The past year has seen emerging markets underperform their developed counterparts by some margin with the emerging Europe (-23% on a dollar basis to end-April) the hardest hit, according to S&P data.
Fund analyst John Monaghan says that, in a risk-off environment, there has been a clear preference for higher-quality companies with earnings certainty and sound management teams. This works against emerging Europe where corporate governance remains a sizeable concern.
The issue of quality, he says, is the primary driver behind the team at Aberdeen’s decision to underweight Eastern Europe within its GEM portfolios.
He added: “The shift away from the region is reflected through the level of outflows experienced by a number of managers. In some cases, this has resulted in the closure of funds. This has indeed been the case for Hexam, which took the decision to close its formerly Gold graded Emerging Europe Fund due to lacking investor interest.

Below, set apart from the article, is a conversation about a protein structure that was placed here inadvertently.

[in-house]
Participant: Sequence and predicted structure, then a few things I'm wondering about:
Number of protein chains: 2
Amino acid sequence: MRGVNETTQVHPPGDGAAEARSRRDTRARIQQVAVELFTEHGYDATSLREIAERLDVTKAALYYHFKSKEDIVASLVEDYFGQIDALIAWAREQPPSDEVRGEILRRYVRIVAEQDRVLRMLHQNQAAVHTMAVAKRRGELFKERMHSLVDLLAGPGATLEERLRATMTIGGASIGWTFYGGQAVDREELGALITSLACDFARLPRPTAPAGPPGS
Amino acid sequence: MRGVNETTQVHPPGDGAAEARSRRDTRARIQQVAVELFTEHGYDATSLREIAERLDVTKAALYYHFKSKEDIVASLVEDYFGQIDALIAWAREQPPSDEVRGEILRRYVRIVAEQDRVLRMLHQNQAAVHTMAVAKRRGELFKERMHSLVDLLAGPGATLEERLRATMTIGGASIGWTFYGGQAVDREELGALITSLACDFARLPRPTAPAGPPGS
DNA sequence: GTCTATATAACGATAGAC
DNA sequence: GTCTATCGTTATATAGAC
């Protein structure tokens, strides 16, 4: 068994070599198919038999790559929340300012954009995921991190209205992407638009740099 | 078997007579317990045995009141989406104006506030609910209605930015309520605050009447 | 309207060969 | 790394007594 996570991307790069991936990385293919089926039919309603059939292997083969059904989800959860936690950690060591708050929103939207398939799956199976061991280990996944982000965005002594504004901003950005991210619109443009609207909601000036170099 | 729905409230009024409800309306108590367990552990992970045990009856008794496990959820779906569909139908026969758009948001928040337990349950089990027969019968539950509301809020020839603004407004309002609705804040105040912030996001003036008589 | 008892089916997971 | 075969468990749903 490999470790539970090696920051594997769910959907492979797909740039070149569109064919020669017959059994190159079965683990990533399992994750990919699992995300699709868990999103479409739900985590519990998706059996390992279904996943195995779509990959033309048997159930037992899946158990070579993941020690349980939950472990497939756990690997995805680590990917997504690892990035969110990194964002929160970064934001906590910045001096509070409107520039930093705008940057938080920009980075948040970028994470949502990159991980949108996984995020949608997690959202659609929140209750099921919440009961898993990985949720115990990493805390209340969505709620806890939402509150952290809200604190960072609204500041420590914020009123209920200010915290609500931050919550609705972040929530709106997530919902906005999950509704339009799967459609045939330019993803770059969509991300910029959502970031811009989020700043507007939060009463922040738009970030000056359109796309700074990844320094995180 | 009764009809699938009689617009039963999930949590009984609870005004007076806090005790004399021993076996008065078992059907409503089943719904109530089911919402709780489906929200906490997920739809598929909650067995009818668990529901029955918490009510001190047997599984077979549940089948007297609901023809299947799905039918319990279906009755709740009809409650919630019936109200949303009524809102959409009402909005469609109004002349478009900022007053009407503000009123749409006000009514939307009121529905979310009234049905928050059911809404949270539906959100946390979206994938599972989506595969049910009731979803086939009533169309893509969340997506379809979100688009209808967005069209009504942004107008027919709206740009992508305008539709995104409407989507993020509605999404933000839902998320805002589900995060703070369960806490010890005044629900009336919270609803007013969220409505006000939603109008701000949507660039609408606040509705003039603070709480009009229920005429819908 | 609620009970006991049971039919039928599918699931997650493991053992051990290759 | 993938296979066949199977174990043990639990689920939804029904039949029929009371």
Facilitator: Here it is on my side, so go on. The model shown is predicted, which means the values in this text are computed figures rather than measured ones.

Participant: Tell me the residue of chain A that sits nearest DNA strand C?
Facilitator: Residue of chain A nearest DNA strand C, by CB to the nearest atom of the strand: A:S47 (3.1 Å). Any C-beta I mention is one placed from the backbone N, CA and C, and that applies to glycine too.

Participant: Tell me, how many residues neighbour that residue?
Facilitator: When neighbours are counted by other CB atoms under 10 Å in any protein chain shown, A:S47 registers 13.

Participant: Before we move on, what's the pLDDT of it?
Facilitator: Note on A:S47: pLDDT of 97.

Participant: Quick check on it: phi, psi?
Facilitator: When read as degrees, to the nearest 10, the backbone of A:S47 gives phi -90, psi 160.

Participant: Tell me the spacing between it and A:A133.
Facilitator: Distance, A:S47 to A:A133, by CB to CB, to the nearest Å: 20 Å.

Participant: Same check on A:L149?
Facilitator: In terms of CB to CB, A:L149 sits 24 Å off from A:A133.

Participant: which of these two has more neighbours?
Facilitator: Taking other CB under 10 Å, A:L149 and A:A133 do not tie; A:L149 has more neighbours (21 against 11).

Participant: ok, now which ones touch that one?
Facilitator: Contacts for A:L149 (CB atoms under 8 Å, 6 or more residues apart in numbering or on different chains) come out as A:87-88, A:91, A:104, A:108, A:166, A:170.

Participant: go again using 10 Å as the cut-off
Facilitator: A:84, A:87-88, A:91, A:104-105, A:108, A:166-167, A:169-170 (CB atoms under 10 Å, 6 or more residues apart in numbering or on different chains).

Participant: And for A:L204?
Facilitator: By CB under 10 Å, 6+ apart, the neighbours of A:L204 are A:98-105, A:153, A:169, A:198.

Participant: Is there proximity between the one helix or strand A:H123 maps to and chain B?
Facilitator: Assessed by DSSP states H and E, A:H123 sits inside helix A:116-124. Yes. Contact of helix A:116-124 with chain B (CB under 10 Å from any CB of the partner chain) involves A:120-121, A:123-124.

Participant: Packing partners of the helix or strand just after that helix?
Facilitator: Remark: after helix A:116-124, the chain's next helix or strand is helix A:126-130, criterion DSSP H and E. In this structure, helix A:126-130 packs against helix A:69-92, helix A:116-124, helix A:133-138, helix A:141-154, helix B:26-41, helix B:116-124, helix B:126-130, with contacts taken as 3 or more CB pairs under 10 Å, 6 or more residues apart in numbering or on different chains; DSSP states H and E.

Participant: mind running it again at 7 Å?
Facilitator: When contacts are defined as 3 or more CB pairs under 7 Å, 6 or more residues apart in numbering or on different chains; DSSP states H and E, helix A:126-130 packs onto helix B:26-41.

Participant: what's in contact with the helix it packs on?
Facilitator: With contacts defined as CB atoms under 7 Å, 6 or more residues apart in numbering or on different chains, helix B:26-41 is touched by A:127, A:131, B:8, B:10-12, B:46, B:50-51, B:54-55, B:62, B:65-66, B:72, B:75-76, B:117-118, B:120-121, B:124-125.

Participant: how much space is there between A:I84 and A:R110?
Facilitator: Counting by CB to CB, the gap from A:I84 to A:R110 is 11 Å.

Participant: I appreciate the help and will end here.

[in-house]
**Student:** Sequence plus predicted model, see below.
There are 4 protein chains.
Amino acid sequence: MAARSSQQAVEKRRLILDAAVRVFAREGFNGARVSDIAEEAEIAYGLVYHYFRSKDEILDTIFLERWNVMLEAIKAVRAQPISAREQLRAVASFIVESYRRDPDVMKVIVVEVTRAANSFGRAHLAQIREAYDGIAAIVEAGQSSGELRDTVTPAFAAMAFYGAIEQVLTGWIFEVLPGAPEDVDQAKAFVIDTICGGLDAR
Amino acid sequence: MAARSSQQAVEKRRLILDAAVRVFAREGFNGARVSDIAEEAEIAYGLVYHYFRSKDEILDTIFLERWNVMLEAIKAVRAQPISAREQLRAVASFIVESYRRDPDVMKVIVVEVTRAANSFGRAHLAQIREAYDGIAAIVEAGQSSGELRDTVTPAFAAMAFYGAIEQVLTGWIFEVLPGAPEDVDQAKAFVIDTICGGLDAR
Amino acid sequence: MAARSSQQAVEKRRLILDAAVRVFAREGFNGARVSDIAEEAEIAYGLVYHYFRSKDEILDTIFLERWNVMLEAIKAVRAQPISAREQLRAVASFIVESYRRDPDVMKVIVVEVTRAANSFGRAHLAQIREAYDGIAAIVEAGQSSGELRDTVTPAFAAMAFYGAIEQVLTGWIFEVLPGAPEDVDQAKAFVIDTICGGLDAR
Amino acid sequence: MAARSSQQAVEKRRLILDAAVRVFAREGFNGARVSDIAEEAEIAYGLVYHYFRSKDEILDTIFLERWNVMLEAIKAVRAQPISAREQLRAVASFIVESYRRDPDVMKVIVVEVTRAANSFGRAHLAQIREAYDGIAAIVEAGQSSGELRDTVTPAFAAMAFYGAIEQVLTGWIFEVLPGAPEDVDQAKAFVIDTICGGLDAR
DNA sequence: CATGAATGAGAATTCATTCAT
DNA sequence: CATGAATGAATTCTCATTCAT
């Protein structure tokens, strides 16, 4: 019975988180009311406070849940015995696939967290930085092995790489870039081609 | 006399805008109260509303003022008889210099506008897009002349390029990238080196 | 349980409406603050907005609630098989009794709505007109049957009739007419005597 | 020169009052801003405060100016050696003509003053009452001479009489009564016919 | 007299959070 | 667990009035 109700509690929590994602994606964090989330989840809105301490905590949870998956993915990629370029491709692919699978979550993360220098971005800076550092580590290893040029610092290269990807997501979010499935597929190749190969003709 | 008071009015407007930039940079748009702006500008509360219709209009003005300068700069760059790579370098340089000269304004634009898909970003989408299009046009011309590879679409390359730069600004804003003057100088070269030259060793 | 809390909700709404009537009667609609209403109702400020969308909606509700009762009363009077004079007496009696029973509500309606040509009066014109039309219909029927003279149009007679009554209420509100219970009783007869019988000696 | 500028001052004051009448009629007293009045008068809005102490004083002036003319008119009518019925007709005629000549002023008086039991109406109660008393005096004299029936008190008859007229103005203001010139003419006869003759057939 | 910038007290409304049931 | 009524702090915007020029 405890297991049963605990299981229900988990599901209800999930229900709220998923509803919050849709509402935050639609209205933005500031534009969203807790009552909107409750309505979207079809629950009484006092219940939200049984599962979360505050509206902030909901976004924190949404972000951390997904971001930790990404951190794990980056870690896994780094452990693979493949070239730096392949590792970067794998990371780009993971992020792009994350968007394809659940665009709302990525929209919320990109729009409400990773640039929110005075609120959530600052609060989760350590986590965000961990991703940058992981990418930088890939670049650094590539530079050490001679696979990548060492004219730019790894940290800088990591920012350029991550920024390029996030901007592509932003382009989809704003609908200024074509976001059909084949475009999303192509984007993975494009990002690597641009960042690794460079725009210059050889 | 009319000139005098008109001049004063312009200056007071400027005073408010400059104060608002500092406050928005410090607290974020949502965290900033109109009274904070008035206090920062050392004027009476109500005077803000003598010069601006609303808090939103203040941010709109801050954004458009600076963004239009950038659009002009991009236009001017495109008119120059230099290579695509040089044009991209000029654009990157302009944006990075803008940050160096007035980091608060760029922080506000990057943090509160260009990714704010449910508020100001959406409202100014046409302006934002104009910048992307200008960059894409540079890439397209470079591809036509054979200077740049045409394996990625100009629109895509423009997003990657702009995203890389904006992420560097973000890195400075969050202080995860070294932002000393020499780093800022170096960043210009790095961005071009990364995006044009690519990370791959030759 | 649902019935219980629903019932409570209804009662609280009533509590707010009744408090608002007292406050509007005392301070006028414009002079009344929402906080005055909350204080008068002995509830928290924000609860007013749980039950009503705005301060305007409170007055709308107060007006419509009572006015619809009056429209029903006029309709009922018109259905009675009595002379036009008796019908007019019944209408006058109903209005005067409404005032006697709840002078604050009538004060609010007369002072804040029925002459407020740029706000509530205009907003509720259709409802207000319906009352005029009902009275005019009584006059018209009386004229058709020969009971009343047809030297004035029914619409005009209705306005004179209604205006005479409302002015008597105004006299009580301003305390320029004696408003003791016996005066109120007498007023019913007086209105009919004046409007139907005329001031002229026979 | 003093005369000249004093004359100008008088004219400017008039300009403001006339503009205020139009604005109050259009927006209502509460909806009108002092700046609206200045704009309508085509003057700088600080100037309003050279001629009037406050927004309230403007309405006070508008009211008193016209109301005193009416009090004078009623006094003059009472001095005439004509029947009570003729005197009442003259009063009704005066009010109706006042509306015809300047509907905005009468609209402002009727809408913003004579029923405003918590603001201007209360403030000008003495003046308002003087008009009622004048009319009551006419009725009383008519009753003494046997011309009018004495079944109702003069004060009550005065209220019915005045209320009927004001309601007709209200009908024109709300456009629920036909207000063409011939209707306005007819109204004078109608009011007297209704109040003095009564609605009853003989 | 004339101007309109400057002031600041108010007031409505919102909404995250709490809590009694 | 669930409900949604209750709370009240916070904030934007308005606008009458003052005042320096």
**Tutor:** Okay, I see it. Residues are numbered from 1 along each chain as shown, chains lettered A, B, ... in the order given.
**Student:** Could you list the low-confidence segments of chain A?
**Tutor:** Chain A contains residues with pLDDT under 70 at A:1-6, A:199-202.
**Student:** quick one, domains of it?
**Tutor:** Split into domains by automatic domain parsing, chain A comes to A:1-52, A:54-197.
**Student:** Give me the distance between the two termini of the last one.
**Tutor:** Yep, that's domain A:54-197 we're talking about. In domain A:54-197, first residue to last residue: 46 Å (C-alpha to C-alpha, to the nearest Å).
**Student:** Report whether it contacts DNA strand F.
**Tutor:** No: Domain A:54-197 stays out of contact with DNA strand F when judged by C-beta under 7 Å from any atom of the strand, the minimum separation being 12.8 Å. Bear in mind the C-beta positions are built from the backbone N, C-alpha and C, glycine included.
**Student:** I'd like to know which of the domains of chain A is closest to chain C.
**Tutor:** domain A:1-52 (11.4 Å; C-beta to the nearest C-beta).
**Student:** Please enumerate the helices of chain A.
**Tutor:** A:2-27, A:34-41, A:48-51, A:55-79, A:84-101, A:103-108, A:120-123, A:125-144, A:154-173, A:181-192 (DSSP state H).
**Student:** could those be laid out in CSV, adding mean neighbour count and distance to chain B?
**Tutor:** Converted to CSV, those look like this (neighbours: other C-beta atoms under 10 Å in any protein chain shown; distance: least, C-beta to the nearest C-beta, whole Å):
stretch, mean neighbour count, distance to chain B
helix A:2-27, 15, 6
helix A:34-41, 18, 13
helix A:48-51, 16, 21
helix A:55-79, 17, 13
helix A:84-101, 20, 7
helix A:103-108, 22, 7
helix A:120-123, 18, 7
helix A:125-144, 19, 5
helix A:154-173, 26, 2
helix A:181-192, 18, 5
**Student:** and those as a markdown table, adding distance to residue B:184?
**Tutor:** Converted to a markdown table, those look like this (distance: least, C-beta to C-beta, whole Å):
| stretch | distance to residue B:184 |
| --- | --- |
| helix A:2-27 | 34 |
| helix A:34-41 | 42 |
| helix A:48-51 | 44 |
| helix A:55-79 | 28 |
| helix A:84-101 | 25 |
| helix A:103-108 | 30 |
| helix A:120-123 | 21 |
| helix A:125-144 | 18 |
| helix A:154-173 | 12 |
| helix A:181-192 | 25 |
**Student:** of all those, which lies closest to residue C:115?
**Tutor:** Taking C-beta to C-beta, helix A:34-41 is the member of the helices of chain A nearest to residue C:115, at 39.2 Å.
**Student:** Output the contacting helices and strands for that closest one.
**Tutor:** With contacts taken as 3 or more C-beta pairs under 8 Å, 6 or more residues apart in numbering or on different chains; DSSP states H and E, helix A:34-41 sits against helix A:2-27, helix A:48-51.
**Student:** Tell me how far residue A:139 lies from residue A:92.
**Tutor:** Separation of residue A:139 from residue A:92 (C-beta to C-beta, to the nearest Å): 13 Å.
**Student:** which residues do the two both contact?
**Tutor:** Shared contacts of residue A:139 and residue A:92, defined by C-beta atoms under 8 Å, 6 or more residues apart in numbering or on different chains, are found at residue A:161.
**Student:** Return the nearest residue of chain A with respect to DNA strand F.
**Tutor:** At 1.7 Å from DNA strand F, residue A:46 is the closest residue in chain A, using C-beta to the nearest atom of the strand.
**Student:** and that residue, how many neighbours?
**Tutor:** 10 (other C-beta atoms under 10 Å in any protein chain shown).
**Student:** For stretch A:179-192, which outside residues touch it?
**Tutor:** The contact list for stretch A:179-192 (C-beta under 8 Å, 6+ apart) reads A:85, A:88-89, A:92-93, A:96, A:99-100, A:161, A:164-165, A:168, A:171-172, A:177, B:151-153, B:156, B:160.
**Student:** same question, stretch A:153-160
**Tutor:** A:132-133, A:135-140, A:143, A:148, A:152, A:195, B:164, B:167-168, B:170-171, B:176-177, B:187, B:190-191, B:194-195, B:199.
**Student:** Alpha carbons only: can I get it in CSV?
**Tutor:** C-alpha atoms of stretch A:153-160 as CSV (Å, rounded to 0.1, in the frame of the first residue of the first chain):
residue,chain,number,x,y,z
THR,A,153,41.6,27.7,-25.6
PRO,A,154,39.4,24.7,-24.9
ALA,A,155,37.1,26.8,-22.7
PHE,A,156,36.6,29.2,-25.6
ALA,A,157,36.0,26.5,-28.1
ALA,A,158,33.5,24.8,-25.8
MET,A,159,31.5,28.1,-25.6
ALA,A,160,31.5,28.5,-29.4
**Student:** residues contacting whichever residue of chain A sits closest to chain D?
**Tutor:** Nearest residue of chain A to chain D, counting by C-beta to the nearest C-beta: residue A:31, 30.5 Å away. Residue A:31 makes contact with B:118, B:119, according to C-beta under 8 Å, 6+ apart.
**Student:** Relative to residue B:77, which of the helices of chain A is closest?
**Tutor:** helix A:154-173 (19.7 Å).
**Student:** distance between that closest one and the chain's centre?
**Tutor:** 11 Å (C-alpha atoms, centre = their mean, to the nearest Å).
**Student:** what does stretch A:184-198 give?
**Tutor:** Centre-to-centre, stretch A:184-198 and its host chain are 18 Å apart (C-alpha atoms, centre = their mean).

“Raiffeisen, meanwhile, has seen a reduction in its asset base. Although there is a performance impact to consider, its Osteuropa-Aktien product has fallen by around 50% in size over the past 12 months to the end of May 2012 to €540m. The teams at Barings and Charlemagne (running the Magna range) also reported a reduction in assets through client redemptions.”
Europe has not been the only region facing difficulties, and across emerging markets vehicles S&P Capital IQ has seen fund underperformance exacerbated by outflows as managers have been forced to sell into falling markets to meet client redemptions.